Watch the Gears Spin: Kyle Bean
Published July 26, 2010
“Craft has always been a big passion of mine, from a young age,” says Kyle Bean, the Brighton, England-based artist who, at the age of just 23, is still pretty young. All the better that he’s thinking about the future: Bean’s work, he says, fuses “our human relationship with science and technology” and “the everyday materials that are around us.” Of his recent installation in the window of London department store Selfridges, he explained: “The great thing… is that they actively encourage artists to treat their windows as though its an exhibition space,” he says. He used that freedom to take cardboard and books as his mediums, and deconstruct mechanical objects to spectacular effect.
The Devon-born artist’s fascination with “discovering how things work, whether its in technology or indeed in nature” matches the shop’s theme, which involved minimalism and “pairing things down to a single ‘object of desire.” Drawing inspiration from the law of conservation of mass (“Matter cannot be created or destroyed, only transformed”), Bean’s installation involves five distinct objects, taken apart and re-assembled like “giant scales” to create the effect of dreamlike equilibrium. His motorbike, stripped to its gears and bolts and suspended as if by Magneto, the artist chose for its masculine features. By contrast, his disassembling of a wedding cake is meant to take apart its charming, delicate, even humorous features. “The aluminum cans are a great symbol of mass production and consumerism,” he says, to create contrast with his selection of vintage fairytale books, “transformed into a castle to show their preciousness, due to their age and rarity.”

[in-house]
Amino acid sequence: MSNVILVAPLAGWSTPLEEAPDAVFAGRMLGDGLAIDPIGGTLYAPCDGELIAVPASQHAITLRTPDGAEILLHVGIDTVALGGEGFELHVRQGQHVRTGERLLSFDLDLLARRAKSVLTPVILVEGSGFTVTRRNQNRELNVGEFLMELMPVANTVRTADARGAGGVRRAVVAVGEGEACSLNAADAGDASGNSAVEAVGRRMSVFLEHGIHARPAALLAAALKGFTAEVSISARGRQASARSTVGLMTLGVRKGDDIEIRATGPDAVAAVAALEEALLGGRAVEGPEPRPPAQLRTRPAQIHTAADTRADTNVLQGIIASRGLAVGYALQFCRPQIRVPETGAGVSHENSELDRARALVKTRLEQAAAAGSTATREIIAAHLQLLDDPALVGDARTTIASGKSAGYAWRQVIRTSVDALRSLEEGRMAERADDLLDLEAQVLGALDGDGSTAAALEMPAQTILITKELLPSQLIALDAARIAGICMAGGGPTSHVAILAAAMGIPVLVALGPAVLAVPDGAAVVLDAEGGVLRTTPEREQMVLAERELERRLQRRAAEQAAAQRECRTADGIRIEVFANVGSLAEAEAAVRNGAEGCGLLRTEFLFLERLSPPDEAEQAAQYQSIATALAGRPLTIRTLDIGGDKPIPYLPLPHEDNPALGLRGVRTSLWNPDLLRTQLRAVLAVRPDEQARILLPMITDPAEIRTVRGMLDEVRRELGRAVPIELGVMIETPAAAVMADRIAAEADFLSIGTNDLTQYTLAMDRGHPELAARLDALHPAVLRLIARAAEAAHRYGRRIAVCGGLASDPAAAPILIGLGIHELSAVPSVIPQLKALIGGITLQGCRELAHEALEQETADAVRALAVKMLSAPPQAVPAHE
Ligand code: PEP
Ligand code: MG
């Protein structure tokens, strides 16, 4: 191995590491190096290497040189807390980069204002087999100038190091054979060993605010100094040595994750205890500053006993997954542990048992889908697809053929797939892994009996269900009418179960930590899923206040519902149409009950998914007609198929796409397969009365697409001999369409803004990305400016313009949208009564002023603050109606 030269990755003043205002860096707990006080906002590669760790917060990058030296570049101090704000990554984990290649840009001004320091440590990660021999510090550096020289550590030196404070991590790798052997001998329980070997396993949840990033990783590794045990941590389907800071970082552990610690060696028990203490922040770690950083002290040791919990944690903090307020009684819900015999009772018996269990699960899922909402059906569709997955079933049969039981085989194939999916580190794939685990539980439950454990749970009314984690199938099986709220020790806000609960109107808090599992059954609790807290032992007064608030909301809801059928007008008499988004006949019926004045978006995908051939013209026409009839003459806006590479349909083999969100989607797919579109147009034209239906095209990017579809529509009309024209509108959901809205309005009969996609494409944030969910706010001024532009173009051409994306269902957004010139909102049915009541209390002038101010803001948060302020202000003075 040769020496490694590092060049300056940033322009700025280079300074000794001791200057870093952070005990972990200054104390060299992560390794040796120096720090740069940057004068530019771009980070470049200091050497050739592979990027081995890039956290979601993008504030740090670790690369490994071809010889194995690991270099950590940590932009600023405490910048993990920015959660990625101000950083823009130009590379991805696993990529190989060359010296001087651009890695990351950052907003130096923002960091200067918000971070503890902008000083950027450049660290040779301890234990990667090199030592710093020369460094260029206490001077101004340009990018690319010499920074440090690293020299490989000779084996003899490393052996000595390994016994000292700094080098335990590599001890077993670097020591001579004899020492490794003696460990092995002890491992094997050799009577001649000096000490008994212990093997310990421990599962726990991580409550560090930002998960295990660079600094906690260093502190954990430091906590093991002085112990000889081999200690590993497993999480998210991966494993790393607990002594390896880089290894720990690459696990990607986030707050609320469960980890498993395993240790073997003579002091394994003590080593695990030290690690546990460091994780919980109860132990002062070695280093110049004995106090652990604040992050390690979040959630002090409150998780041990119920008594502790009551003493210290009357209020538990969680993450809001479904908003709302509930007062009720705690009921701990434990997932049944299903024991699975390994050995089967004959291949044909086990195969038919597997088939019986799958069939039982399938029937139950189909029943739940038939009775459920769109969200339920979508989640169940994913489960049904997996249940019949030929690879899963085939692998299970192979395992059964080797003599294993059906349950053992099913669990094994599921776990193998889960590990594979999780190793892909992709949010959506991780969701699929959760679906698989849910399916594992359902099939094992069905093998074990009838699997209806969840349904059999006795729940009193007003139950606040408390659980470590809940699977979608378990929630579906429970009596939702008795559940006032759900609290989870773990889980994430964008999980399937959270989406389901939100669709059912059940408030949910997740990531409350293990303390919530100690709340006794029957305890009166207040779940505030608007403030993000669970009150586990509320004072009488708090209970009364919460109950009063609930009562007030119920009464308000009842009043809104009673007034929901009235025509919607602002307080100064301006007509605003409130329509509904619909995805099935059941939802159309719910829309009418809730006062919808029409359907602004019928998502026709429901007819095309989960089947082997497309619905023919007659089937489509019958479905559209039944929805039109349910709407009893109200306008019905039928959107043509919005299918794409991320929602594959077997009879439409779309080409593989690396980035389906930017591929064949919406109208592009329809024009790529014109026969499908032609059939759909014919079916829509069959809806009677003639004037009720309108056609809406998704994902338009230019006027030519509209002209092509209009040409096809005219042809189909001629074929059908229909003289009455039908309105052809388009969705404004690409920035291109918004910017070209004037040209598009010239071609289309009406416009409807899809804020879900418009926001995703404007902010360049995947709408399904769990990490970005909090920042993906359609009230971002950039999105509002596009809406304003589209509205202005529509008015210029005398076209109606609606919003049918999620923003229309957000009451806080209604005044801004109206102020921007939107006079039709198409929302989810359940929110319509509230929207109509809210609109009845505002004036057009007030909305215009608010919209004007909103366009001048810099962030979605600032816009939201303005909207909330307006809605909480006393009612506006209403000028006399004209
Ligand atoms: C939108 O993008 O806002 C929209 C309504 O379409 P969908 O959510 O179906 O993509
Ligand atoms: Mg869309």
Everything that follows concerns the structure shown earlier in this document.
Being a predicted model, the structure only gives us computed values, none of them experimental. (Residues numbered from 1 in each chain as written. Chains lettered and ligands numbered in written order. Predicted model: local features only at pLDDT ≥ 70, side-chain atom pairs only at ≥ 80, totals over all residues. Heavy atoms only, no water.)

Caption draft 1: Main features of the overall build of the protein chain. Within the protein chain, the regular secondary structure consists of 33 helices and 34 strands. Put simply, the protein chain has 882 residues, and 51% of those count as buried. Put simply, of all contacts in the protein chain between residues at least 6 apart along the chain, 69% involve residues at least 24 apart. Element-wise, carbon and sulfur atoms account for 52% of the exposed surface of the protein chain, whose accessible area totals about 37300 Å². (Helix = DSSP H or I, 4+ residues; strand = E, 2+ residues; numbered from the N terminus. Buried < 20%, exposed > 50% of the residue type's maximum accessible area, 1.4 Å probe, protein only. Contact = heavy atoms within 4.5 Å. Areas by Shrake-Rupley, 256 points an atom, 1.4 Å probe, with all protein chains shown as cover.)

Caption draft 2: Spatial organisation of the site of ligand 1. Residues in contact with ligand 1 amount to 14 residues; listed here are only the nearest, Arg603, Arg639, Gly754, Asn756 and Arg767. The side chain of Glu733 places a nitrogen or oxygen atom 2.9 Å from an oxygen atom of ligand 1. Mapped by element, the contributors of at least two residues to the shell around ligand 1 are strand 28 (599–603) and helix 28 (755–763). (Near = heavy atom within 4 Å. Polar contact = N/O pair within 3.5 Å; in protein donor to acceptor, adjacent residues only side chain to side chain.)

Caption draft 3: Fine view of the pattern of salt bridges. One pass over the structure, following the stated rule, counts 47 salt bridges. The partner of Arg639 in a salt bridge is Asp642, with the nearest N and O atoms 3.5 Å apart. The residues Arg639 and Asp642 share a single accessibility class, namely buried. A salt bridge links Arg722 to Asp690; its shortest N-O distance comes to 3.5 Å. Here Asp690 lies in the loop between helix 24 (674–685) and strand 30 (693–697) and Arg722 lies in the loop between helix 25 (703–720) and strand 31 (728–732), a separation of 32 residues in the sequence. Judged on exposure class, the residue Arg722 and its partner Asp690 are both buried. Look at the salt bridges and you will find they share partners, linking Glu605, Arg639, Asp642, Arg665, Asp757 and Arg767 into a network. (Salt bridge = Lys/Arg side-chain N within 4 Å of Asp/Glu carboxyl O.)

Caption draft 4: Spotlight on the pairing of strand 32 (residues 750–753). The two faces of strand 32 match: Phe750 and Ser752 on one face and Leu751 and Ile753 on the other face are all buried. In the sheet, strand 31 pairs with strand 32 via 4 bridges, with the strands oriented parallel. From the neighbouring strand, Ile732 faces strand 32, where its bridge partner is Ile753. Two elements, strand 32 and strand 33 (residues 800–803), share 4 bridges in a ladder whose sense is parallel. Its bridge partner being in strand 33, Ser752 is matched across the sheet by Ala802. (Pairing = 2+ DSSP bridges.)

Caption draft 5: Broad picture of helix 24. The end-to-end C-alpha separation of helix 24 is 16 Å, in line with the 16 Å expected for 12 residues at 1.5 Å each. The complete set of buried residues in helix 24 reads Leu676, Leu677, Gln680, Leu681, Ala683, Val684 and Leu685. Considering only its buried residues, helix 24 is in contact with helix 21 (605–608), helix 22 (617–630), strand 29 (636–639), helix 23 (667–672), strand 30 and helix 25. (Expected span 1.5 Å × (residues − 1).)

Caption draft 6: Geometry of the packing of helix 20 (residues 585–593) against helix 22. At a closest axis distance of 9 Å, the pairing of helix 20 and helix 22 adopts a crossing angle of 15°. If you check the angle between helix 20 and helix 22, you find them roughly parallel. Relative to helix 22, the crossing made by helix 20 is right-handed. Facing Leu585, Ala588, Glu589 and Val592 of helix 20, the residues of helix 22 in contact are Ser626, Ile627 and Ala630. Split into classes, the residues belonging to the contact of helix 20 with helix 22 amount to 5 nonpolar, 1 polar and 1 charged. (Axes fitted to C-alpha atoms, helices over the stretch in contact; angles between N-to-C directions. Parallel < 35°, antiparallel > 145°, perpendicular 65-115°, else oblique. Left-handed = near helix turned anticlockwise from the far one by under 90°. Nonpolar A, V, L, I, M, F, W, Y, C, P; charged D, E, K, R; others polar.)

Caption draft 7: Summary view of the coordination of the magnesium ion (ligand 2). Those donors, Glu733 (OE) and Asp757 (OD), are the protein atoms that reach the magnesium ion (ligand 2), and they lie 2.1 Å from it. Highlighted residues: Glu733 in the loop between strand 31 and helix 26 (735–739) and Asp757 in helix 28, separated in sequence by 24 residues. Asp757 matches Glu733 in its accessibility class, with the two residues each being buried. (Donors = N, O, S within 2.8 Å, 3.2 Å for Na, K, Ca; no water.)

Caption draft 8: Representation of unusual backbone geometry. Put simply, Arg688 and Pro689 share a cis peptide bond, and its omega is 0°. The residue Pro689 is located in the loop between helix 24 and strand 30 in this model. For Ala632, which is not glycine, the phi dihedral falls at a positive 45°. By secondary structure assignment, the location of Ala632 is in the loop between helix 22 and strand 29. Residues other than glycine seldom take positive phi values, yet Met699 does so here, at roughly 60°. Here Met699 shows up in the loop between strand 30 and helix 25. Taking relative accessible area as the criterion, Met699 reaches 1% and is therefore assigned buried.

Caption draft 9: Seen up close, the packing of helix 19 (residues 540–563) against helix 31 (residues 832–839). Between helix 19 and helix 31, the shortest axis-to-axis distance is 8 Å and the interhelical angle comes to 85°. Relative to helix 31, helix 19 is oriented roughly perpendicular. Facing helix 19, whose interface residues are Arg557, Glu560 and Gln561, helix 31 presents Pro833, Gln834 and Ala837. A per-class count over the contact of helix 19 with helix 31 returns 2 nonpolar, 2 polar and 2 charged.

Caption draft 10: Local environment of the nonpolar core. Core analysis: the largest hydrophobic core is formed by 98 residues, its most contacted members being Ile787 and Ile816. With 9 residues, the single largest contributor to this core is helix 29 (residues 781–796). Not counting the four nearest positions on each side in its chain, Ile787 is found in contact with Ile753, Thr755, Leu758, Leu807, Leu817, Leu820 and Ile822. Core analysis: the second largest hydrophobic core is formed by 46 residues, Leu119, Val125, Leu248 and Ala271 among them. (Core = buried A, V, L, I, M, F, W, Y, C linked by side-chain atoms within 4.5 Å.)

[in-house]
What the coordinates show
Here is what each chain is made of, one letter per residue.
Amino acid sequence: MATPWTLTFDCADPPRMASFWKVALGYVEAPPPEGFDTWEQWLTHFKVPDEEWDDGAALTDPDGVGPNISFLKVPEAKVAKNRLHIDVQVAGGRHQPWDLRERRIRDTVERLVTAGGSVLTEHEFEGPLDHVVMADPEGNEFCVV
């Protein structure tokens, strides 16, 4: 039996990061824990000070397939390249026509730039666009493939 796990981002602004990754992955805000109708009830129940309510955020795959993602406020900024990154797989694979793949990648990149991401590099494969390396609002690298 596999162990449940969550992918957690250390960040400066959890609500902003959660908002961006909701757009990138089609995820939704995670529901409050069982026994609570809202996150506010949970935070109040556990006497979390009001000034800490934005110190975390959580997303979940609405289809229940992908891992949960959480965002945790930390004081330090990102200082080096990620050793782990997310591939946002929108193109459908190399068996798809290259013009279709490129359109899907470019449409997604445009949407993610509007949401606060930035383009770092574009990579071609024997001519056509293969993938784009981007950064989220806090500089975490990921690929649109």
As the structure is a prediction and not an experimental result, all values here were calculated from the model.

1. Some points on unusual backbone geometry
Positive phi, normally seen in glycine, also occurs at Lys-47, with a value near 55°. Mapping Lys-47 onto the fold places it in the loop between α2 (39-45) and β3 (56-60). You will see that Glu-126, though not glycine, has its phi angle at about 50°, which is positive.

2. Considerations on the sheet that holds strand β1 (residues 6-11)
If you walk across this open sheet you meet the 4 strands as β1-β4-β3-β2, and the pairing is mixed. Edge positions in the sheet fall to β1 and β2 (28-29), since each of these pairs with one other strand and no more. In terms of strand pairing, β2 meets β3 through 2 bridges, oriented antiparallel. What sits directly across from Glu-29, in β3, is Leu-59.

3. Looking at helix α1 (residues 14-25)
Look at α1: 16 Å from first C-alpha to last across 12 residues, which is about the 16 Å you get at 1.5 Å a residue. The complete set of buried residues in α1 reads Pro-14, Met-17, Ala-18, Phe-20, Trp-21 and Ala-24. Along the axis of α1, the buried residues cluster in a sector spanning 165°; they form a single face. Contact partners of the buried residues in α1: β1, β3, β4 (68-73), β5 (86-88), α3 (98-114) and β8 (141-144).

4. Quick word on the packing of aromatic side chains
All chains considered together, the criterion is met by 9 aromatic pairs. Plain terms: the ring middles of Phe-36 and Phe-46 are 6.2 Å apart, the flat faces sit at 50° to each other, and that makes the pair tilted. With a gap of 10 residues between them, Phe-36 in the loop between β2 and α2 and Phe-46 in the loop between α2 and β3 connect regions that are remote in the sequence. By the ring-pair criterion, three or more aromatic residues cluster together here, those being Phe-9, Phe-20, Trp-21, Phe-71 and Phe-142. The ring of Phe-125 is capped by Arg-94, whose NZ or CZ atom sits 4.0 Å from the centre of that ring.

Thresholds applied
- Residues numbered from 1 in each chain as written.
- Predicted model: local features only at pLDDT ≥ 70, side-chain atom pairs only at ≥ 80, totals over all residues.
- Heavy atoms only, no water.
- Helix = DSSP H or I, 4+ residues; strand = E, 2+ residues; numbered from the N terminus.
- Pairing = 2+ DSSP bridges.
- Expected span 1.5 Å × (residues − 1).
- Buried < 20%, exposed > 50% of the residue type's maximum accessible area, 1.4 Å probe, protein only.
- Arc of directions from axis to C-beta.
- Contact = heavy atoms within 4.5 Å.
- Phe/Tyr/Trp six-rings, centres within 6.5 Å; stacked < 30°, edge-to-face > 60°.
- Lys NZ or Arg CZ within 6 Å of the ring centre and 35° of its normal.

Kyle’s site-specific designs also had to grab the attention of a fickle, window-shopping public: “I think for a window display to grab attention it either needs to be technically very impressive and bold or have a clear enough concept so that passers by can understand it by the time they have walked from one side of the window to the other.”